Generally, companies become 'growth and income' stocks after they are no longer able to grow fast enough to be called a 'growth' stock. That is, it's NOT good news.

Here's a more detailed analysis of share buybacks:
http://seekingalpha.com/article/3944...g?source=yahoo
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post #136 of 138
Quote:
Originally Posted by jragosta View Post

Generally, companies become 'growth and income' stocks after they are no longer able to grow fast enough to be called a 'growth' stock. That is, it's NOT good news.

Apple aren't being valued as a growth stock now anyway. Current PE is 15 while earnings growth is 50%.

There's no need to fear a dividend dropping Apple's share price. It looks like its already priced in.
post #137 of 138
Quote:
Originally Posted by macarena View Post

I don't like ads myself - but that is partly because of the poor quality of ads, and the fact that they are not well targeted. Considering how much money it costs to run some these ads, I am surprised companies don't spend a bit more time and money to make the ad enjoyable.

My feeling is that once you have targeted ads, a lot of these problems will go away - because at least theoretically, there will be some benefit in seeing these ads (if they are properly targeted).

IMHO, Apple could become the ideal advertising company - because they care a lot about creativity, innovation,delighting the customer and other such things. Customers would be more comfortable with Apple targeting ads relevant to them, than someone like Google. Thirdly, Apple is in the ads game to create a media ecosystem and sell more devices. They make their money on devices. So chances are that Apple would not be too aggressive in pushing ads, and would just make enough money on the ads to subsidize content. Whereas, someone like Google makes money only on ads - so they have to keep pushing ads aggressively, to keep their quarterly earnings numbers healthy.

Although I suspect Apple will happily sell ads for zero money just to push a knife into Google!

This is a superb idea.

Quote:
Originally Posted by backtomac View Post

I don't know the legal obligations but I would argue that there is definitely an ethical obligation to reward shareholders. If not, why would any rational person invest in stocks? I like Apple computers but I'm invested in the stock because I think it can make me money. Because its a profitable company.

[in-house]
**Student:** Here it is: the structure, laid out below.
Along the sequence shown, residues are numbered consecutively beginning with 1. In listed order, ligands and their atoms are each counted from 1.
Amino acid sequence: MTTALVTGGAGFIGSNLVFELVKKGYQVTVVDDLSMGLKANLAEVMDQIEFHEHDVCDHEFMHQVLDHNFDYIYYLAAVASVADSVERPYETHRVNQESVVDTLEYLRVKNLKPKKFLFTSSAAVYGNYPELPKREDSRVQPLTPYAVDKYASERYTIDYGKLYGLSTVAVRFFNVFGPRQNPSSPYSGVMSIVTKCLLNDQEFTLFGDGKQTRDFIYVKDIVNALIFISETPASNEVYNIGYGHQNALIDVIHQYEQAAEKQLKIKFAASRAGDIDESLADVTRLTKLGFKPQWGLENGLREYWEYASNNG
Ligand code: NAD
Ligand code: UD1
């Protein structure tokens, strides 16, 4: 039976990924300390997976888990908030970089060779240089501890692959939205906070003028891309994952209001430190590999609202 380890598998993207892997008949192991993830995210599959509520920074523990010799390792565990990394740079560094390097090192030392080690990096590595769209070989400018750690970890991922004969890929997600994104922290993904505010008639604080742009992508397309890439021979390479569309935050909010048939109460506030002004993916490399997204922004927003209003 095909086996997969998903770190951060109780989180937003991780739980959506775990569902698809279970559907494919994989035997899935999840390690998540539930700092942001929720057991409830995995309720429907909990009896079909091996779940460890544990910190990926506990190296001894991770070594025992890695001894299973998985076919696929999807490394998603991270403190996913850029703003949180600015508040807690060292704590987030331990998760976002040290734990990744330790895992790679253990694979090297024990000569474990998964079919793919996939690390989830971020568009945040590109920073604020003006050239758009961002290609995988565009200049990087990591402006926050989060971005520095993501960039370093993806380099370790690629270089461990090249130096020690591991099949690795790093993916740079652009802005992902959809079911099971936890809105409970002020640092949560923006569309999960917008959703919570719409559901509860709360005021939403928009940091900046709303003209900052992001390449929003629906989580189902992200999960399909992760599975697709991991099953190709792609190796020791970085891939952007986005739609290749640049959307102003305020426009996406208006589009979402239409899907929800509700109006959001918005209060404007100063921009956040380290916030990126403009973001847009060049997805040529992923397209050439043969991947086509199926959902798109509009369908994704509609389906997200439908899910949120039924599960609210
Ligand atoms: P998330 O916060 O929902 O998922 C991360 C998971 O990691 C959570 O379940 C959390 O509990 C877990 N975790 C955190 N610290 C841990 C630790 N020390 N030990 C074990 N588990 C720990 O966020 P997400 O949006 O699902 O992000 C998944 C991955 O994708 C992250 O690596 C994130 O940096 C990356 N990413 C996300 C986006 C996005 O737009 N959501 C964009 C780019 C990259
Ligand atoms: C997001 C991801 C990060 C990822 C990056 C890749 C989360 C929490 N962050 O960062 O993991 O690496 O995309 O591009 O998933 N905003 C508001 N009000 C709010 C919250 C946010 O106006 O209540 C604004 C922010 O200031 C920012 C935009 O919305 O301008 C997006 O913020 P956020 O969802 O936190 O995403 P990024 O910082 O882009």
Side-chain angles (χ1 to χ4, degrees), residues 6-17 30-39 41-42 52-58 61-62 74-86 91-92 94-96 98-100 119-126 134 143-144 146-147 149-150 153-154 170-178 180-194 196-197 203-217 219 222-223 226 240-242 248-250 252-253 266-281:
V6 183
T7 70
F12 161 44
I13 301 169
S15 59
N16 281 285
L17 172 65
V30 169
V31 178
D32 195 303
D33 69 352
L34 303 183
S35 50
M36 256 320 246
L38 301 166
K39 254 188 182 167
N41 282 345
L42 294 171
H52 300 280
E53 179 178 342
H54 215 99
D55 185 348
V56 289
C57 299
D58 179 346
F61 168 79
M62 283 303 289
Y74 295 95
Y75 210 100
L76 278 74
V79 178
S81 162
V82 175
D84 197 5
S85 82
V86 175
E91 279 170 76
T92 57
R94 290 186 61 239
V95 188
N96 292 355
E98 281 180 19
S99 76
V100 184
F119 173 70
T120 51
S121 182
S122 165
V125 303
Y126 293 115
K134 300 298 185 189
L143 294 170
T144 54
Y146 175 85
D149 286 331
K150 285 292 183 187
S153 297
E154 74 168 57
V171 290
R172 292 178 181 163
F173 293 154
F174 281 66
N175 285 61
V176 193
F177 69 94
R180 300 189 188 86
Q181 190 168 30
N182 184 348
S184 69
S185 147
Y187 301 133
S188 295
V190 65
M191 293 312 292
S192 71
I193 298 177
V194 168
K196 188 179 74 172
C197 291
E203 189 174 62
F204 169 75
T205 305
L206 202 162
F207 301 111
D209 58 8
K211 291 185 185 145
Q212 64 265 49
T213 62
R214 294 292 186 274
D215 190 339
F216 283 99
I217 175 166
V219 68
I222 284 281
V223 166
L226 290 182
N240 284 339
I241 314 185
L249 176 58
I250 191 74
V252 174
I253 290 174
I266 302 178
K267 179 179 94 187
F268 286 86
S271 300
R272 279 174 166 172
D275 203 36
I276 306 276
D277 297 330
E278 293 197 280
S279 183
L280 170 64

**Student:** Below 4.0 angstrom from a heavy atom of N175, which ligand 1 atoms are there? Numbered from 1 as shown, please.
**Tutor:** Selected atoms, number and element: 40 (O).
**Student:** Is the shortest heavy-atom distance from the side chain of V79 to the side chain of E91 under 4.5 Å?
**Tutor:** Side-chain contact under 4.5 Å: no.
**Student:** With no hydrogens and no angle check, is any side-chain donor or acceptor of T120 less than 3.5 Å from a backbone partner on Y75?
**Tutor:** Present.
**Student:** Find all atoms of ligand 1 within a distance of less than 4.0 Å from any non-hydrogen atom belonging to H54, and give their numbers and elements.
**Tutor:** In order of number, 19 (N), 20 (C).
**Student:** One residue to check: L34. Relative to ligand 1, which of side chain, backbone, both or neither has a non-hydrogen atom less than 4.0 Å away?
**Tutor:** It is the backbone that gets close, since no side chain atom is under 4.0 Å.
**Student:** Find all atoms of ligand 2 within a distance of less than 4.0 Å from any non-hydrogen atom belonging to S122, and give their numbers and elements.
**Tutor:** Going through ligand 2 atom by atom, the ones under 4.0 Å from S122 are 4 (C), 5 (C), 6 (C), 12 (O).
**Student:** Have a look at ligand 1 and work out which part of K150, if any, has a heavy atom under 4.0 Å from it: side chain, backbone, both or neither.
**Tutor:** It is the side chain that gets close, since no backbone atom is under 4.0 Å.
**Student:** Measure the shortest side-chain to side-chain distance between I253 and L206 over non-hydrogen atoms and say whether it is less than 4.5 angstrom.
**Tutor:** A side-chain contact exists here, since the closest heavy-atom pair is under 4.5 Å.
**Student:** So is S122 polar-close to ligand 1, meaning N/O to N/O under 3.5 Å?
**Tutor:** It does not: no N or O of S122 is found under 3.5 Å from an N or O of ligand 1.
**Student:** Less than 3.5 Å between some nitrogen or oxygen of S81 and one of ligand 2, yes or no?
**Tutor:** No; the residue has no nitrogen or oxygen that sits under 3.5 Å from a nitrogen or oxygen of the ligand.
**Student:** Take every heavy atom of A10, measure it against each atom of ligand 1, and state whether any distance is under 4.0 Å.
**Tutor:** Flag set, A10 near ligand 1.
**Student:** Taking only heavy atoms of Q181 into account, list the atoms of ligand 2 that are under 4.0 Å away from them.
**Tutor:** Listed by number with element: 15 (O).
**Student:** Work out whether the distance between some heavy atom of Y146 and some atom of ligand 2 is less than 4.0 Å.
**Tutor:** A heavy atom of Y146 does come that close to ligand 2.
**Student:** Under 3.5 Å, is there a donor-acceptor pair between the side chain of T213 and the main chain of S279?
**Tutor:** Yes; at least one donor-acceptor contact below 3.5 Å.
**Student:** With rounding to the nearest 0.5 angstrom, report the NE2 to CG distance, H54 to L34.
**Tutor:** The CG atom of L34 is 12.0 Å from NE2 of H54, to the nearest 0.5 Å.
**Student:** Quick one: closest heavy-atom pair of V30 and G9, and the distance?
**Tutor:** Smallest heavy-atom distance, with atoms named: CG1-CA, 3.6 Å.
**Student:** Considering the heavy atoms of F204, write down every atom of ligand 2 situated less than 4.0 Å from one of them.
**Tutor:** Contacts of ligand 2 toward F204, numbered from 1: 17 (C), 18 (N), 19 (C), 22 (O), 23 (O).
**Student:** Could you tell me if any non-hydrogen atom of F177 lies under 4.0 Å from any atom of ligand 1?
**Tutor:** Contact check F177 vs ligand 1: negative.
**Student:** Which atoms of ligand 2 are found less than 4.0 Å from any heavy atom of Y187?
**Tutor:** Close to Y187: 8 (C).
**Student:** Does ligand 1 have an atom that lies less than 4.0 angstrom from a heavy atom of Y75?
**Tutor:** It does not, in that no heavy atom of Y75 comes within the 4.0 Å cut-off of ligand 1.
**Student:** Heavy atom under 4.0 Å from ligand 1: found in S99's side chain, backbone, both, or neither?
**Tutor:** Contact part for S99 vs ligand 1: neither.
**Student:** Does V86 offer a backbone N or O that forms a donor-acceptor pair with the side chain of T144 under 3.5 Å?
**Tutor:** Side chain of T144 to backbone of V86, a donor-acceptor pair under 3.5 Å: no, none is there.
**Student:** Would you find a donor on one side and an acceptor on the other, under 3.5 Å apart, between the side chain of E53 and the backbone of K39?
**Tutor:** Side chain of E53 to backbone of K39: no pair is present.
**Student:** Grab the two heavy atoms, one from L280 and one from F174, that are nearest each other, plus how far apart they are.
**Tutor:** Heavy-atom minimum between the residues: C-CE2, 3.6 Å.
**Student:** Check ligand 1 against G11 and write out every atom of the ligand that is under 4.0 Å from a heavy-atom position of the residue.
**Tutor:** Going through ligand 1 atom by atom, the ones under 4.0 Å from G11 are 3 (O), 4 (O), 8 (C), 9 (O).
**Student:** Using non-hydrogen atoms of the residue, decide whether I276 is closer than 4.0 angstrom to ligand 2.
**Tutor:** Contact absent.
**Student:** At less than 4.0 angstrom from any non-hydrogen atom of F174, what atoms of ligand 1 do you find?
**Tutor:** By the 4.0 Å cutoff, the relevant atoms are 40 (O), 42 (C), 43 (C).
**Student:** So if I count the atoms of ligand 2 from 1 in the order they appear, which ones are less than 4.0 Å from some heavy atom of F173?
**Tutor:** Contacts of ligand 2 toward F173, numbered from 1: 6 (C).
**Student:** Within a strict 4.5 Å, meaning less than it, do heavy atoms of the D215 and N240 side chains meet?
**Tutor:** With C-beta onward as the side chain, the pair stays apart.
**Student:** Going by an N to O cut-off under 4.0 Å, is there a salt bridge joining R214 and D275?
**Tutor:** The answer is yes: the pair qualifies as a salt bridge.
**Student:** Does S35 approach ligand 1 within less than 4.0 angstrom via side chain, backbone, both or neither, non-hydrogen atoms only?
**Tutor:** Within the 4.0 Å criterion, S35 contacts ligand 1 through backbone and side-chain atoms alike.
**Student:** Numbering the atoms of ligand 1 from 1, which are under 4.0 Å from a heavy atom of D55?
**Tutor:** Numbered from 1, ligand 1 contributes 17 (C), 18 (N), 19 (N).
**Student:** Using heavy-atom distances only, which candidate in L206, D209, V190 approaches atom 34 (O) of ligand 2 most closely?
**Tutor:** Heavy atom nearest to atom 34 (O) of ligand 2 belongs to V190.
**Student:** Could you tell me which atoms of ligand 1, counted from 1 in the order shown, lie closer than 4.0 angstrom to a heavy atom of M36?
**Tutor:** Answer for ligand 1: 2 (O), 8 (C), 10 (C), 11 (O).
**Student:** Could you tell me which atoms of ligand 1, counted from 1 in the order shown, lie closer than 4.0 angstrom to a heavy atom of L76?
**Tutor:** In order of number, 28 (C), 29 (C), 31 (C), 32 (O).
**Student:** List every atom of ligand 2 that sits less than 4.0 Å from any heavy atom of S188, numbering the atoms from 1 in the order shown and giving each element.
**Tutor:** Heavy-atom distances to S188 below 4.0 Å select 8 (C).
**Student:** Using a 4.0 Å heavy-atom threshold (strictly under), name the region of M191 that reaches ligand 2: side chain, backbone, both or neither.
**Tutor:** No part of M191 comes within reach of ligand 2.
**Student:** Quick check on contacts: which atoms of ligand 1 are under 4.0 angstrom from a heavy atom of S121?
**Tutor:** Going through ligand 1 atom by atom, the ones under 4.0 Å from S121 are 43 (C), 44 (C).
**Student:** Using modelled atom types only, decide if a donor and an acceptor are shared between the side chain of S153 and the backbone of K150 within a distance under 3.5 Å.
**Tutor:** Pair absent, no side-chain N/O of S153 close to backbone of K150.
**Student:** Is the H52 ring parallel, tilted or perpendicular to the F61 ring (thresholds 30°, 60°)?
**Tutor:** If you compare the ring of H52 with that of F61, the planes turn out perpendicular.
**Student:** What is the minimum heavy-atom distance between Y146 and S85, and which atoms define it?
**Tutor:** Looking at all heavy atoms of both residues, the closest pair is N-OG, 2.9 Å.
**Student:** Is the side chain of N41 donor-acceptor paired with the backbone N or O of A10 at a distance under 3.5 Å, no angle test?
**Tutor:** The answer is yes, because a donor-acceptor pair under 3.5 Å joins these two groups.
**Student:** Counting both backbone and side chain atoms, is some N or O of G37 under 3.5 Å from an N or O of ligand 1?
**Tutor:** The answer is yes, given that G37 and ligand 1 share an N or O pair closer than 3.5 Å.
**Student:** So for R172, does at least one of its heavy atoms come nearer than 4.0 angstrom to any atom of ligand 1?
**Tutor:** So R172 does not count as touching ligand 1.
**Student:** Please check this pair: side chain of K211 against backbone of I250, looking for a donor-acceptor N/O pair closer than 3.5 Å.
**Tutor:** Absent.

I'm curious, is there any documentation, legal claims or concepts of corporate social responsibility of ethical obligations to reward shareholders in dividends, stocks or otherwise?

A person invests in stocks for a variety of reasons, rational and non-rational. Of course everybody wants the price to go up, but I'm not sure about the expectations of dividends, because that is never guaranteed and in the US is solely at the discretion of the Board for publicly-listed companies.

If people have been going into stocks with a large expectation of dividends, particularly tech/growth stocks (in essence, not necessary in technicals) ... I'm afraid they may have made a mistake.

I always thought "blue-chip" companies are the ones you own stocks in for dividends, not for big increases in price, but even this idea is outdated and incorrect, as I have been informed.

Personally, I think it would be great if public companies had a legal obligation to issue dividends, but I am really not quite sure if they are ethically obliged to do so. Simply because growing up I have always known my Dad to be happy about dividends when he got the cheques in the mail (even to today), but those were always stocks which he knew were giving dividends, either by nature that they were giving dividends for some while, or by rumour (in which case he knew the risks and the dodgy nature of said rumours) that a company would begin to give good dividends. There were definitely stocks which he got into which he looked at for profit purely from a stock price perspective, in which case he didn't expect much dividends.

So perhaps my childhood experience was different from what's ethically expected of companies, or that now corporate behaviour needs to be adjusted accordingly.
post #138 of 138
Quote:
Originally Posted by backtomac View Post

There's no need to fear a dividend dropping Apple's share price. It looks like its already priced in.

A dividend would likely only raise the stock price, since more people would want to buy it, as it has not only potential for a lot of growth ($600, $700) but also is giving dividends as well.

My question is unless there is a ethical and legal obligation (which would be nice), from Apple's perspective I don't see a reason for dividends. Even a buyback is not a compelling argument in light of Apple's own interests (which can be said to include legal and ethical obligations to shareholders).

Again, perhaps it's a layperson's view, but a company is most succesful in its history and the history if its industries, is making tons of money, has tons of money that in itself is easily guaranteed to make tons of money back, and is one of the most sought after and largest stocks in the world. Why would this company now want to give away its money in a way that is not normally deemed as charity?